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« Reply #67 on: October 09, 2009, 04:21 AM »


You do not need to detension the spine to put it together or take it apart! Just bend the spine  some. Stick the end in your belly button, pull down to bend the spine, they go right in or out. 30 seconds max!

But.
but..
what if it gets stuck?Huh?
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thief
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« Reply #68 on: October 09, 2009, 04:29 AM »

Lylenc: good thinking! 
had nto thought about the curvature too much and how it is involved in all of this....although i should have....i think that the Aerobe is designed to have a sizable curve in its spine so if you try to flatten it out a lot then it just will not be the same kite at all.....hmm..interesting!!!
out of the 50 or so Aerobes that sold -so darn fast- lets get some testing going on!!!!
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lylenc
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« Reply #69 on: October 09, 2009, 06:49 AM »

Spine curvature sets the angle of attack, similar to adjusting the nose angle by bridle change on a dual line kite. Adding the tail would add drag, and probably curvature if hooked to the spine, for a higher angle of attack and lower ride in the wind window.

It's the same as dual line flying's relative hand postions to control the attitude of the nose, aka to turn left or right. Even hands make the kite fly in the direction the nose is pointing. Aerobe curvature sets the direction the nose wants to fly for a set of wind conditions. If gliding indoor or low wind conditions is your goal, you need the curvature set flatter for level flight when there is minimal or no flying line tension.

PS: Adding flying line tension (pulling) curves the spine and makes the nose fly up until you lighten or stop your pull. If the spine is pre-tensioned too much, the spine will not un-flex enough to fly level when you stop pulling. Too much spine tension is like trying to fly a dual line kite straight with your hands offset - it ain't going to happen easily.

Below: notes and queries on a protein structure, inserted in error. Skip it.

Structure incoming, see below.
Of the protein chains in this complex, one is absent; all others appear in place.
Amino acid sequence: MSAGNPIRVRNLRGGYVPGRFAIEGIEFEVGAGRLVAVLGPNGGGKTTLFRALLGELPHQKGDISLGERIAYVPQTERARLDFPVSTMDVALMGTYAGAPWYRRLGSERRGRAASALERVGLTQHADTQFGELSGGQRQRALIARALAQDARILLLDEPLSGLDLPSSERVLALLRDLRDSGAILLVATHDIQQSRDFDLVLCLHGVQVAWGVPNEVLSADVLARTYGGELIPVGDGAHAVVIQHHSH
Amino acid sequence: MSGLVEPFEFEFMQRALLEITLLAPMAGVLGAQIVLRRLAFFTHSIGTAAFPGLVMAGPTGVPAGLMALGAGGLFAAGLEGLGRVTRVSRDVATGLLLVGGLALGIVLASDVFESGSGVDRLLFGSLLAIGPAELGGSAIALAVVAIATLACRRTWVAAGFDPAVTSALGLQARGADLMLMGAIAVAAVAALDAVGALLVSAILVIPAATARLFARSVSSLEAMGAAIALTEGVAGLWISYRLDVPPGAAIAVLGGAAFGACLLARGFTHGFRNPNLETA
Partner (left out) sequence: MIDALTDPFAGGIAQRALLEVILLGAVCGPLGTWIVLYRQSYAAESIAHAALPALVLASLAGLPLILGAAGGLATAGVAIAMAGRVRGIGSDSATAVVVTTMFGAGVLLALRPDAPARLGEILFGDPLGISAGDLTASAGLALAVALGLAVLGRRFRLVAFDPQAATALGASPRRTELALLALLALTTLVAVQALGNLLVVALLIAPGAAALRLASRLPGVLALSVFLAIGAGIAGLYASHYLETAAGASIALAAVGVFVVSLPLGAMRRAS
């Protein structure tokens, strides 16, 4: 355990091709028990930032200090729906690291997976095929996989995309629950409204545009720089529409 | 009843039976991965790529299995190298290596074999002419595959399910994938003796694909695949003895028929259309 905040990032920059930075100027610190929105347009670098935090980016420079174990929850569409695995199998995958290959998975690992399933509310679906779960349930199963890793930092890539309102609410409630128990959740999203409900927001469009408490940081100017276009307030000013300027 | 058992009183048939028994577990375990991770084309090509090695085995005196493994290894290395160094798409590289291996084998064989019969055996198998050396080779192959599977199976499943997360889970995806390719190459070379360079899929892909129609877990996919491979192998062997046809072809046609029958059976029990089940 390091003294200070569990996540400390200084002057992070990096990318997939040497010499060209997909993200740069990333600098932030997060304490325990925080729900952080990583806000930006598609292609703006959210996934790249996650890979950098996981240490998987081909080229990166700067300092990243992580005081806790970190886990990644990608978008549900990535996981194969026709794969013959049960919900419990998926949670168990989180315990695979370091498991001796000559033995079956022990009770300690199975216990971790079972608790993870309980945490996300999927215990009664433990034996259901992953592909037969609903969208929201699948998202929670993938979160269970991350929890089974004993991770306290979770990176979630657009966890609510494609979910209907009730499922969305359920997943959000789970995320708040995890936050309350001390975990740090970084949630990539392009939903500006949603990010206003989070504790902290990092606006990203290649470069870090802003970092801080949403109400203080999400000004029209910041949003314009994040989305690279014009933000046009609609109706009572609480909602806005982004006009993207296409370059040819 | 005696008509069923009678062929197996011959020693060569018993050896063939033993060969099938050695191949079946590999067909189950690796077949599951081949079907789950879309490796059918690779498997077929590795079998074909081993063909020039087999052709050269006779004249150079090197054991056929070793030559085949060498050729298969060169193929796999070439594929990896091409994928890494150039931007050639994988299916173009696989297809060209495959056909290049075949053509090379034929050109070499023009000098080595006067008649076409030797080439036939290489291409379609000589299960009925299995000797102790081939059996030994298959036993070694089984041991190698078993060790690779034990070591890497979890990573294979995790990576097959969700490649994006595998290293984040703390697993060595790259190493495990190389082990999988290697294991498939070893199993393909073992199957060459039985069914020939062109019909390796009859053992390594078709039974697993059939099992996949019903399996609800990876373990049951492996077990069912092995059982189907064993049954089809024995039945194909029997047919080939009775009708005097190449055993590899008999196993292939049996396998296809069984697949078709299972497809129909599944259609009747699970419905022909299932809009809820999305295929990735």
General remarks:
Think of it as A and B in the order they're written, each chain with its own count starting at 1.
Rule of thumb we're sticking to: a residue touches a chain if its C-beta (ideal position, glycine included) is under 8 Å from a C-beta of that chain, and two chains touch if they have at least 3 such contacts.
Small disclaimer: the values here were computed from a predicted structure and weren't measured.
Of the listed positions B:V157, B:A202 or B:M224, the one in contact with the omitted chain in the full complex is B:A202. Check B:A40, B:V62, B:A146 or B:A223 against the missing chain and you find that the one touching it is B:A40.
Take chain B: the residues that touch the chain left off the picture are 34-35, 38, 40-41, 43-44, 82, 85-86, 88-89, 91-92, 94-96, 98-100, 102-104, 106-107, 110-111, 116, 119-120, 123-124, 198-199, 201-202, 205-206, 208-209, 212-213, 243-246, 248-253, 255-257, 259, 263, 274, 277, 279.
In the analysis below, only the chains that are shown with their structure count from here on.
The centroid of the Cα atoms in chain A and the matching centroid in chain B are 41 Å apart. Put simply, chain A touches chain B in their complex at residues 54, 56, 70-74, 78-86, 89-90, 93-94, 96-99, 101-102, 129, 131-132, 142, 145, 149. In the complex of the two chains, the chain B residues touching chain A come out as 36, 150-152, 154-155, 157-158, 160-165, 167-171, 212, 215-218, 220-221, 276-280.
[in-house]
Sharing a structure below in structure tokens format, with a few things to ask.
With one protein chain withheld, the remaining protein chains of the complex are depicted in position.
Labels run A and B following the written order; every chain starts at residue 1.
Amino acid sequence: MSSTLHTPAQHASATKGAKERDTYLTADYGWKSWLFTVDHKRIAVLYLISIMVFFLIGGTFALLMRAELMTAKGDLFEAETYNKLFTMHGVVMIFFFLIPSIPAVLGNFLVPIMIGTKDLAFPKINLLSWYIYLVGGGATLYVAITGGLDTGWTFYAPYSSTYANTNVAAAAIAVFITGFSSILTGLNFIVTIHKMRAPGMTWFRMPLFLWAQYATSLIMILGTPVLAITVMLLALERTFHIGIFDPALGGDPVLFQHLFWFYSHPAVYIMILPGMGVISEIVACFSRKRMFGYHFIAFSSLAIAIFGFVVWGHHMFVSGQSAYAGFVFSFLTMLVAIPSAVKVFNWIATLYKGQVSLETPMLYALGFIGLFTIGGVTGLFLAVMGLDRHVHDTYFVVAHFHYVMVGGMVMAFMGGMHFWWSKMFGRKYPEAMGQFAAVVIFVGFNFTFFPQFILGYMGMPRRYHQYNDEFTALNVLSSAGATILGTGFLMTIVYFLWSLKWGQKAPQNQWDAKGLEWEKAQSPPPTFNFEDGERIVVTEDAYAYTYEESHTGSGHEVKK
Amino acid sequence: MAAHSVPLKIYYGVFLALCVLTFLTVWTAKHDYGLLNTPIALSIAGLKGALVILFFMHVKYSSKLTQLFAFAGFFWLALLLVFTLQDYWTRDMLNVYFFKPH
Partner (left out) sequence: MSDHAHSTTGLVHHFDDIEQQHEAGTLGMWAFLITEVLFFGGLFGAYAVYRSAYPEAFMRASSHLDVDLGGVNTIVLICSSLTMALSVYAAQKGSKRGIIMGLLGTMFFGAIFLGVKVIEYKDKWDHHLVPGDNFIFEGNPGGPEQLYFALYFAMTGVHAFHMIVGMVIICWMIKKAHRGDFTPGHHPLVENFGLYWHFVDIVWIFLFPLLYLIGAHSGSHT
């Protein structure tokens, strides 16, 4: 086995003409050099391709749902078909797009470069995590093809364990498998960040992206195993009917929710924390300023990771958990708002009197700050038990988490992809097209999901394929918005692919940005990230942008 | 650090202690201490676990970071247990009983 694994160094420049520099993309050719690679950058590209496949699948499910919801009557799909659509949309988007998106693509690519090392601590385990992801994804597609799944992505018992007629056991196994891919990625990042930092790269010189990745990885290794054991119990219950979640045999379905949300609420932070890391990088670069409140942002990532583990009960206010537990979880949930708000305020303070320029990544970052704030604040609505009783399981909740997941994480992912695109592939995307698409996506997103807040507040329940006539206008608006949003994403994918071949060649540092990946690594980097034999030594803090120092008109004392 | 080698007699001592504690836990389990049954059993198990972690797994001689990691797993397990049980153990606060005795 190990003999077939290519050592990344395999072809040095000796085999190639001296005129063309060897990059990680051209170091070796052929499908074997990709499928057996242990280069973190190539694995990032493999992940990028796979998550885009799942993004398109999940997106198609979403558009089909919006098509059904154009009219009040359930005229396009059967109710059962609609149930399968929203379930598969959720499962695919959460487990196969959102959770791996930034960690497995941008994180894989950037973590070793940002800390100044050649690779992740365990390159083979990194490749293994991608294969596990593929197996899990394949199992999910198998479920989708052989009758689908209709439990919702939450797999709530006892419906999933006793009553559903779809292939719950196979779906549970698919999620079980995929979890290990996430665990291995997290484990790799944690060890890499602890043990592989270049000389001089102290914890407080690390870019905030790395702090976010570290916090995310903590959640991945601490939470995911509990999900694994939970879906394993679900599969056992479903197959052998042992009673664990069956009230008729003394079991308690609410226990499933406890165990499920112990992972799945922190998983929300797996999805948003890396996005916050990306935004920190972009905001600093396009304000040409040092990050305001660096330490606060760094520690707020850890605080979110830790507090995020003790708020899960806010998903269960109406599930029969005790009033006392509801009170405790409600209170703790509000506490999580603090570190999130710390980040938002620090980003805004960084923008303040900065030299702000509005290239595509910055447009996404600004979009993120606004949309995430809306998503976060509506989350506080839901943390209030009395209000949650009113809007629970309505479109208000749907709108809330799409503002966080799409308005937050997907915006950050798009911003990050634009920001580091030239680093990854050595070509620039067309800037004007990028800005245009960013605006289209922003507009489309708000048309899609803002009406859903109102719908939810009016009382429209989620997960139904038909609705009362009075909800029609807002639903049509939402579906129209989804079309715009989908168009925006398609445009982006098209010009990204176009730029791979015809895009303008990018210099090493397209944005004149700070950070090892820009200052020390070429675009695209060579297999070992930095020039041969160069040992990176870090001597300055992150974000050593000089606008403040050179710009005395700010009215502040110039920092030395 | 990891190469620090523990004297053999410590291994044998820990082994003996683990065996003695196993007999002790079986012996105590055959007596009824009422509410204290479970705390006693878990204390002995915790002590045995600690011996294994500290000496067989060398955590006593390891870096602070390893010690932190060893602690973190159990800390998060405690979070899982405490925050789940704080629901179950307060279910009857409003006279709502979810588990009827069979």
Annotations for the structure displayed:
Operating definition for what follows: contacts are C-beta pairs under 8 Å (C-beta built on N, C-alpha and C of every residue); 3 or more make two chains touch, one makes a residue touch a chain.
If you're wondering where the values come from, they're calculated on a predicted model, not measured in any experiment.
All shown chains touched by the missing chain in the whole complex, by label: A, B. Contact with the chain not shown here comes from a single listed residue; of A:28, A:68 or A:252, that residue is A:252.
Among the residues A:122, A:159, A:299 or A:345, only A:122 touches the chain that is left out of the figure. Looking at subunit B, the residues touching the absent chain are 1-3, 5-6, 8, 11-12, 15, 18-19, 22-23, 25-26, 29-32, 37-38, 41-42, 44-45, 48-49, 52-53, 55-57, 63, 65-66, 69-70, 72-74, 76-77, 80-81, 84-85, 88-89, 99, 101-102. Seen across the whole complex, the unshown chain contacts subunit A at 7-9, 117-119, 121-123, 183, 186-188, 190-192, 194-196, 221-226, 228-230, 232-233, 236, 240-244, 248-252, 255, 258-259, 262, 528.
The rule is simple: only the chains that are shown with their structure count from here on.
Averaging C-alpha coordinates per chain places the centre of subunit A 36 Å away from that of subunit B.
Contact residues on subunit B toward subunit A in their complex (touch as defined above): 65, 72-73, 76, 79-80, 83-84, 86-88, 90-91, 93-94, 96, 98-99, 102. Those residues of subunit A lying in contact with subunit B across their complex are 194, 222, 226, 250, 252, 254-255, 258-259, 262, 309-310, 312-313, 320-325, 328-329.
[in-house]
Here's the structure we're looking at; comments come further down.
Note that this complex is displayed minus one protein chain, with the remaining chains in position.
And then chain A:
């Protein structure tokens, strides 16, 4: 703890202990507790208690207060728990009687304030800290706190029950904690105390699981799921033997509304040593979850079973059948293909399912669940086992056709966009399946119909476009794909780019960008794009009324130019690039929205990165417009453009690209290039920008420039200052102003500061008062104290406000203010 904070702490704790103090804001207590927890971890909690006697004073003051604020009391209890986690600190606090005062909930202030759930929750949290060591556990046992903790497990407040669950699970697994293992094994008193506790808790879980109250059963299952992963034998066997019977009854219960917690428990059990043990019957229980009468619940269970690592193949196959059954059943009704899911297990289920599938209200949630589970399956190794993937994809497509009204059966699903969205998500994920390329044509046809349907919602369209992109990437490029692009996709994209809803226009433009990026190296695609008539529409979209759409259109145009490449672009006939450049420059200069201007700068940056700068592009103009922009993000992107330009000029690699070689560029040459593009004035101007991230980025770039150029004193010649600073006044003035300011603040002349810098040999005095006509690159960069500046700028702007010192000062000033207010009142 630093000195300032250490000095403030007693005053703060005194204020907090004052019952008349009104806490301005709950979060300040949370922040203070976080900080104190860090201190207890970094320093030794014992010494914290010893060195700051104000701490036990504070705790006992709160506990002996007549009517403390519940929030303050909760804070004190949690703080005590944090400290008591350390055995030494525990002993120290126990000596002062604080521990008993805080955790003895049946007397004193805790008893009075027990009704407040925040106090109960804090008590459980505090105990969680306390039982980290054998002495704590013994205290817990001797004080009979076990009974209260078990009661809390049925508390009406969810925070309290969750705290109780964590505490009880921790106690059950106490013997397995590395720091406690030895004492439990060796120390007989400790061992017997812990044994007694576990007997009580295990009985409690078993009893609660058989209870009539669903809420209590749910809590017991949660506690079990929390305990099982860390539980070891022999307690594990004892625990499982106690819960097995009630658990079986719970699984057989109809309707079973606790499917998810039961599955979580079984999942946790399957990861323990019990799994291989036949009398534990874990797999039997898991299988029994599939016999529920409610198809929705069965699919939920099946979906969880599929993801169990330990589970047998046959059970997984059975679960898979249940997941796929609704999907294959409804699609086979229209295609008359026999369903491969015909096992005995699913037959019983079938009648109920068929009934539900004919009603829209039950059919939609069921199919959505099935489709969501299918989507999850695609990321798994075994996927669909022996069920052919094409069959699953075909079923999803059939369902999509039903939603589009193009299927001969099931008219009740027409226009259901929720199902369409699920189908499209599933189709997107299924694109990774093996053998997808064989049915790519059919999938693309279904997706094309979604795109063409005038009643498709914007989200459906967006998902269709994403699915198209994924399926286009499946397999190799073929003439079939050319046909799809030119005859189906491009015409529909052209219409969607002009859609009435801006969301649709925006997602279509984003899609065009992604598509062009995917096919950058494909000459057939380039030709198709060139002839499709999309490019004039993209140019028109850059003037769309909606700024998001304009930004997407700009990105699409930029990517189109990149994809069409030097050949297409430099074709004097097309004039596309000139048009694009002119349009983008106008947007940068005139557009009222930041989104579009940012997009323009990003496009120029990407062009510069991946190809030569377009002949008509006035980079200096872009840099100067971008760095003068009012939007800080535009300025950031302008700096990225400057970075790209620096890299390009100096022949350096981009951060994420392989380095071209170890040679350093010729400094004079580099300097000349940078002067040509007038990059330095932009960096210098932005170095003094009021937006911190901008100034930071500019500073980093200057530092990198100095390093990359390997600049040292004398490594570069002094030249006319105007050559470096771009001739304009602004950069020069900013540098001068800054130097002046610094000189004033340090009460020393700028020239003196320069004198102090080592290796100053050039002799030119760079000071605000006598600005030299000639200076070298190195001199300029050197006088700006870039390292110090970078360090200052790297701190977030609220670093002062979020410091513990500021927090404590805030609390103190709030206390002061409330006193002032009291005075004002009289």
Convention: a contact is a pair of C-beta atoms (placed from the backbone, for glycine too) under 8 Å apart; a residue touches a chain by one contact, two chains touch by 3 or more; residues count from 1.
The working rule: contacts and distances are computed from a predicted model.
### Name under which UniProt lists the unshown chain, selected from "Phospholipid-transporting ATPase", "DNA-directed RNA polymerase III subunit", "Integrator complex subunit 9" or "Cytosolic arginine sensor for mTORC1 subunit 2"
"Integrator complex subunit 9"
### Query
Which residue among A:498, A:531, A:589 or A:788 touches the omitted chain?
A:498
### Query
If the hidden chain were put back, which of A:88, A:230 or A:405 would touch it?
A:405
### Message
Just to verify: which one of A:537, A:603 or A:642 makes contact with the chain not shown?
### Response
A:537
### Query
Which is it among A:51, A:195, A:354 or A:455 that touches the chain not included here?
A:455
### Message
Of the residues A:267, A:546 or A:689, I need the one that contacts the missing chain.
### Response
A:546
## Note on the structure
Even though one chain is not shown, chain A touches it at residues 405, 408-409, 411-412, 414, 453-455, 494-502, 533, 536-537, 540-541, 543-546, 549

Another way to think of curvature is dual line kite's standoff positioning. Change the standoff settings and you have different flight characteristics. Change the Aerobe curvature and you have different flight characteristics. Thus, you need to adjust according to your preferences and wind conditions.

Just One More:

Glider: Less curve

Single Line Kite: More curve
« Last Edit: October 09, 2009, 07:43 AM by lylenc » Logged

Craig     Walla Walla, WA     Just One More!
normofthenorth
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« Reply #70 on: October 09, 2009, 10:16 PM »

So I'd like to have somebody stick a ruler or a tape-measure into the deepest part of the spine curve on a "stock" Aerobe, and sight straight from the nose to the tail, and read the ruler at that point.

I haven't done it to my kite yet, but I'm guessing I'm around 6" "depth", and I think that's on the high side. RSVP.
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Norm in Toronto
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« Reply #71 on: October 10, 2009, 04:54 PM »

About 42 1/4" nose-tail and about 4" deep.

The see-sawing is just too much for me in 0 wind.

I loved it with the 2-point tail in 1-3 mph wind today.
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normofthenorth
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« Reply #72 on: October 21, 2009, 01:26 PM »

Thanks, Dano. I forget now what I measured mine at! But I think about 3/4 of the spine-bend I've got is built into the sail. So it will never be a flat-spined Focus-Kites Skate or Daryl Yeh's Zen Glider, even with no tension on the spine.
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« Reply #73 on: October 25, 2009, 12:37 PM »

I have two Aerobes. One glides better than the other, but both ended up with the same setting after I fiddled with them for best glide. If I hold the nose on the table and spine laying on the table, the tail end of the fabric is 8" off the table top.

One line seems to kink up worse than the other one, too. I flew them one after the other several times today and haven't figured out the differences between the two. The first one has a replacement spine that has a slightly larger diameter than the original. Maybe purple glides better than gold.  Smiley
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Craig     Walla Walla, WA     Just One More!